From an early age, we’re taught that international events like the Olympics and World Cup bring people together from across the globe to bond over competitive sports. We are, however, often left unaware of the immense effects these worldwide events incur on the hosting cities. From massive debt and corruption to unsustainable facilities resulting in death, these colossal projects can quickly take a turn for the worst. Malevolence and neglect comes from not hiring proper construction management companies, as well as poor governmental coordination. The following article will detail recent instances in which international sporting events have encountered significant consequences as a result of this malfeasance.
Brazil 2014 World Cup
The 2014 World Cup in Brazil was often cast in a positive light, showcasing small Brazilian children running around with their soccer balls, highlighting the positive aspects to the Brazilian soccer-loving culture. What was left unseen, however, was the extreme poverty in all of the town’s housing the 10 stadiums and the worker death tolls during the building of these stadiums. These conditions left certain stadiums unfinished and unsafe. As a result, Brazil was forced to deal with approximately $11 billion in preparation costs, and having to deal with workers who went on strike to show their resentment of the harsh conditions and deaths instigated by the event. Now, Brazil is amid its first economic recession since 2008.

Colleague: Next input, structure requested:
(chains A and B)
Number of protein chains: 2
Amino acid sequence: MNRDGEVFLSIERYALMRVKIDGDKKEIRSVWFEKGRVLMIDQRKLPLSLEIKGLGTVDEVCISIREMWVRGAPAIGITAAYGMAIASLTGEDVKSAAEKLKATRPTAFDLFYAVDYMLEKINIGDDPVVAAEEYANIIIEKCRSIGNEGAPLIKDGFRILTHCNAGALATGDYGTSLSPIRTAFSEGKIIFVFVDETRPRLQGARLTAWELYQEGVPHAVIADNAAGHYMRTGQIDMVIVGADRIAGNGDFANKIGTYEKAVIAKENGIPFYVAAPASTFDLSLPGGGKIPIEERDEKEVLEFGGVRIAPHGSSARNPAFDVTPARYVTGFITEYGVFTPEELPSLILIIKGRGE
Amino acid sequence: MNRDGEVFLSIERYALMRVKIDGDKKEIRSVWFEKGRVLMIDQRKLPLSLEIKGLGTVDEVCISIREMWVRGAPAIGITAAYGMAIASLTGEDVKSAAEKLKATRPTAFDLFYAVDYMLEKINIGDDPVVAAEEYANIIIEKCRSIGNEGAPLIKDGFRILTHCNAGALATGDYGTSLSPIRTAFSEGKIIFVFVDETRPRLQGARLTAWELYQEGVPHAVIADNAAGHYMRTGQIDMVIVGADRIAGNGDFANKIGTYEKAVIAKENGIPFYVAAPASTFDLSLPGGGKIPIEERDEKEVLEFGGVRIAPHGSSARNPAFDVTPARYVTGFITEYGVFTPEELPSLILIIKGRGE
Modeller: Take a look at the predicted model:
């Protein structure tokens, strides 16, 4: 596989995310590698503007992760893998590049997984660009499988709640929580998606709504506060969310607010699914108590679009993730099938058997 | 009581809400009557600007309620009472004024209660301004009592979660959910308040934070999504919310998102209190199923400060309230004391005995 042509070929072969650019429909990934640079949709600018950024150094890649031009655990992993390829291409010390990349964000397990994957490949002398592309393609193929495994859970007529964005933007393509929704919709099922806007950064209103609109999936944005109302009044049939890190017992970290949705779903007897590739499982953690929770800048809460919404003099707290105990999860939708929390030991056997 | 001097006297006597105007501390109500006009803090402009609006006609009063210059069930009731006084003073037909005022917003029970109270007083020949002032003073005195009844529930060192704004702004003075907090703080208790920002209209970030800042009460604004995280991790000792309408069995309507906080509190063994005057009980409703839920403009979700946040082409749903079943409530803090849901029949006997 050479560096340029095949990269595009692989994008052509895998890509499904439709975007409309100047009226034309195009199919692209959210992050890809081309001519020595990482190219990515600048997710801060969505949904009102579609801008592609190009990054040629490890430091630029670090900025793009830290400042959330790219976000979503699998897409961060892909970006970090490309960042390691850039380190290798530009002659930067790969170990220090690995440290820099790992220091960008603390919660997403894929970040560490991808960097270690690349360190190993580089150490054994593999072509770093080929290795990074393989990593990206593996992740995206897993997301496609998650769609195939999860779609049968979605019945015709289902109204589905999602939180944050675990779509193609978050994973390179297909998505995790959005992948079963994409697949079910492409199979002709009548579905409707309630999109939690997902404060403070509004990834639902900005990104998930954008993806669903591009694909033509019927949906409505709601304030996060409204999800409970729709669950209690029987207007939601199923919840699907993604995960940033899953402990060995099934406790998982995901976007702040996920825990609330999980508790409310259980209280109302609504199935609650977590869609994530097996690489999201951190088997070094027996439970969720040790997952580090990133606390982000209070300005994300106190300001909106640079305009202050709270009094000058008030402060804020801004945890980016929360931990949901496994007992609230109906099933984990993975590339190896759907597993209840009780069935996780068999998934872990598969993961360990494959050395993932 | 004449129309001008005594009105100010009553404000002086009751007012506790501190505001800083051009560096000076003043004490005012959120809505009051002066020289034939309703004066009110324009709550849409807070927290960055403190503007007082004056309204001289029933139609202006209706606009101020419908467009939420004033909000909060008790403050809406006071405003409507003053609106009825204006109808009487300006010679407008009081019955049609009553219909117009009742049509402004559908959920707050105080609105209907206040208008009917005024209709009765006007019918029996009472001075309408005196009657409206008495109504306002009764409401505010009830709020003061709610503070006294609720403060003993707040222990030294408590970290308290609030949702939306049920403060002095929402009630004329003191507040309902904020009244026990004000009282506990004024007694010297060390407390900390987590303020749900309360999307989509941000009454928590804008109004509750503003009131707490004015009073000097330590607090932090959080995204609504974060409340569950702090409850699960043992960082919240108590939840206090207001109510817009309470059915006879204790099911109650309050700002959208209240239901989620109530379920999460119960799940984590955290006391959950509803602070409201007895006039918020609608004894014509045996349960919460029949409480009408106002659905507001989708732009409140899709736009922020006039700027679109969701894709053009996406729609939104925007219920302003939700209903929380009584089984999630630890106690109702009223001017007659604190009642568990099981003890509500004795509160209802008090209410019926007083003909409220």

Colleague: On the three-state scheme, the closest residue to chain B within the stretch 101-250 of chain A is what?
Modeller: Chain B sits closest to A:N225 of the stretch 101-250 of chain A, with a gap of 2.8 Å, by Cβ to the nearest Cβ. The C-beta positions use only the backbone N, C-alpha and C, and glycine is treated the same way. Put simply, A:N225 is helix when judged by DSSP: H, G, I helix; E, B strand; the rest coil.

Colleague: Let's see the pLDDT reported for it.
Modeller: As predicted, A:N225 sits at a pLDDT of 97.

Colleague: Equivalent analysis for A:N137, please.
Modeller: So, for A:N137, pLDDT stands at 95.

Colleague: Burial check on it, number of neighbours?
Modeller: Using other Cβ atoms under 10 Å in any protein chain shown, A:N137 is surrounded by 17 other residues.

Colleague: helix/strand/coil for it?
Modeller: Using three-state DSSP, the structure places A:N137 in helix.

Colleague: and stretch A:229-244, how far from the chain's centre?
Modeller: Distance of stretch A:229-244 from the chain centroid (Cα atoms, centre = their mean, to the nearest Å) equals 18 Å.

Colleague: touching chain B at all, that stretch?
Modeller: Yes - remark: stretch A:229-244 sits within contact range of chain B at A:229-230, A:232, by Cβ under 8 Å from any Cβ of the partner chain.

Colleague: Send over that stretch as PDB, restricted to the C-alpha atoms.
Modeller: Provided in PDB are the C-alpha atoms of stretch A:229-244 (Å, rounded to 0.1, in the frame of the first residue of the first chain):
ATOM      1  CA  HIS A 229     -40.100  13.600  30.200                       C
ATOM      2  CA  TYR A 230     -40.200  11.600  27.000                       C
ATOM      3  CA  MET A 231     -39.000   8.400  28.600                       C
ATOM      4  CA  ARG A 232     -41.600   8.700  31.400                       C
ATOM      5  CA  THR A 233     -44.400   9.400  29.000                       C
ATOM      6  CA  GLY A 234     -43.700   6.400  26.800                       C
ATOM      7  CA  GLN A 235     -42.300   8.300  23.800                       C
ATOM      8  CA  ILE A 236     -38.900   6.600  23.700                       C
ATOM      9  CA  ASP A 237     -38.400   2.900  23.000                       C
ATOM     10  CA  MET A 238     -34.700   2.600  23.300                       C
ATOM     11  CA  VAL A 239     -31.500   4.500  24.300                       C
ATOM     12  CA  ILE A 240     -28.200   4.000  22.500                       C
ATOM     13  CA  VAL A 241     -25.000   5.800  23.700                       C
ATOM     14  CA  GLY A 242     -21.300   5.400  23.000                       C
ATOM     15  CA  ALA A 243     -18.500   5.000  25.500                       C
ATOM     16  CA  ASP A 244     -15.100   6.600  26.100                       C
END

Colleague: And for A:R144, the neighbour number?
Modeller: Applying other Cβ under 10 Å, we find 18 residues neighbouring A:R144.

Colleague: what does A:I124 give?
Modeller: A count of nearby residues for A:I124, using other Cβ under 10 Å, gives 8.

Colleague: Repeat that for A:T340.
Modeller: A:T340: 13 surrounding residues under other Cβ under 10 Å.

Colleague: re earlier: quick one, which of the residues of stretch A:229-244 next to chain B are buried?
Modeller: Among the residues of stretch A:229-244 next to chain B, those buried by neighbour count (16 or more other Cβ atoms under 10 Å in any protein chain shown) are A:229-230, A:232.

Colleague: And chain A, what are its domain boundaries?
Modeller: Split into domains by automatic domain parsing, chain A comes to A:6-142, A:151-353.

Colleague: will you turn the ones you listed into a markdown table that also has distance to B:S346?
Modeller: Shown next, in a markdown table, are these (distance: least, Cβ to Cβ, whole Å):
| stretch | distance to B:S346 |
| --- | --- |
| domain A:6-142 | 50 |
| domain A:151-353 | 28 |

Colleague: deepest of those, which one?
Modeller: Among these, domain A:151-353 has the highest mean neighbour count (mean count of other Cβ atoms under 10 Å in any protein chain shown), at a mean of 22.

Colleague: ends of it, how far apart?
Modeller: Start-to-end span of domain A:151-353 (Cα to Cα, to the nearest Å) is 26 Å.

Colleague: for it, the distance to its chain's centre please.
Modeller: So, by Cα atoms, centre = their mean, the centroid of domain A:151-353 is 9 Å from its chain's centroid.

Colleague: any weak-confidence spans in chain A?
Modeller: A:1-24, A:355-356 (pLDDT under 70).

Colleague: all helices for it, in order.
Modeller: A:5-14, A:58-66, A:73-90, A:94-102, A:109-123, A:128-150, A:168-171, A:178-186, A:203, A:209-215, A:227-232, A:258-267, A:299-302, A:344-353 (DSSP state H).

Sochi 2014 Winter Olympics
The Sochi Games were the most expensive Olympics to date, coming in at around $50 billion dollars-over four times more than the initial budget. The price tag on this event caused extensive allegations of corruption as the cause of the expansive budget. The costs can be attributed to the complete lack of prerequisite engineering and construction management talent. The state also failed to hire a competent labor force, leading to this past winter’s Twitter phenomena #SochiProblems where athletes and reporters alike were posting photos to document the terrible conditions of the hotel accommodations. Needless to say, the efforts to turn this tiny town into an international spotlight still lead the event’s coverage to be far from ideal. Dozens of people, including entire families were forced out of their homes in Sochi to make way for the Olympics under the legislation known as Law 301. While most of these families received compensation, many of the former residents claimed that it’s not enough. Allegedly, several homes were demolished to supposedly build a highway that was already established two miles away: a consequence that could’ve been avoided with proper government oversight and construction management.
Qatar 2022 World Cup
Since it began construction in 2010, more than one thousand migrant workers have died in the building of the various stadiums. These workers are fitted to sleep twelve to a room and to share a single toilet. These labor camps are overseen by slumlords and security guards are in place to prevent the workers from escaping. The workers are building stadiums, the new airport, subway lines, hotels, roads, and more to make the city hospitable to the influx of soccer fans come 2022. Such treacherous conditions and construction management most definitely violate certain basic human rights, potentially leading to the relocation of the 2022 World Cup.
This discussion of these events only scratches the surface of corruption, unsuitable conditions, and death tolls that arise from improperly managed and delegated construction projects during worldwide games, such as the World Cup and the Olympics. Of course, there are myriad other factors, including specific location and government stability. It is undeniable, however, that a competent construction manager could save peoples lives, as well as a country’s economic stability.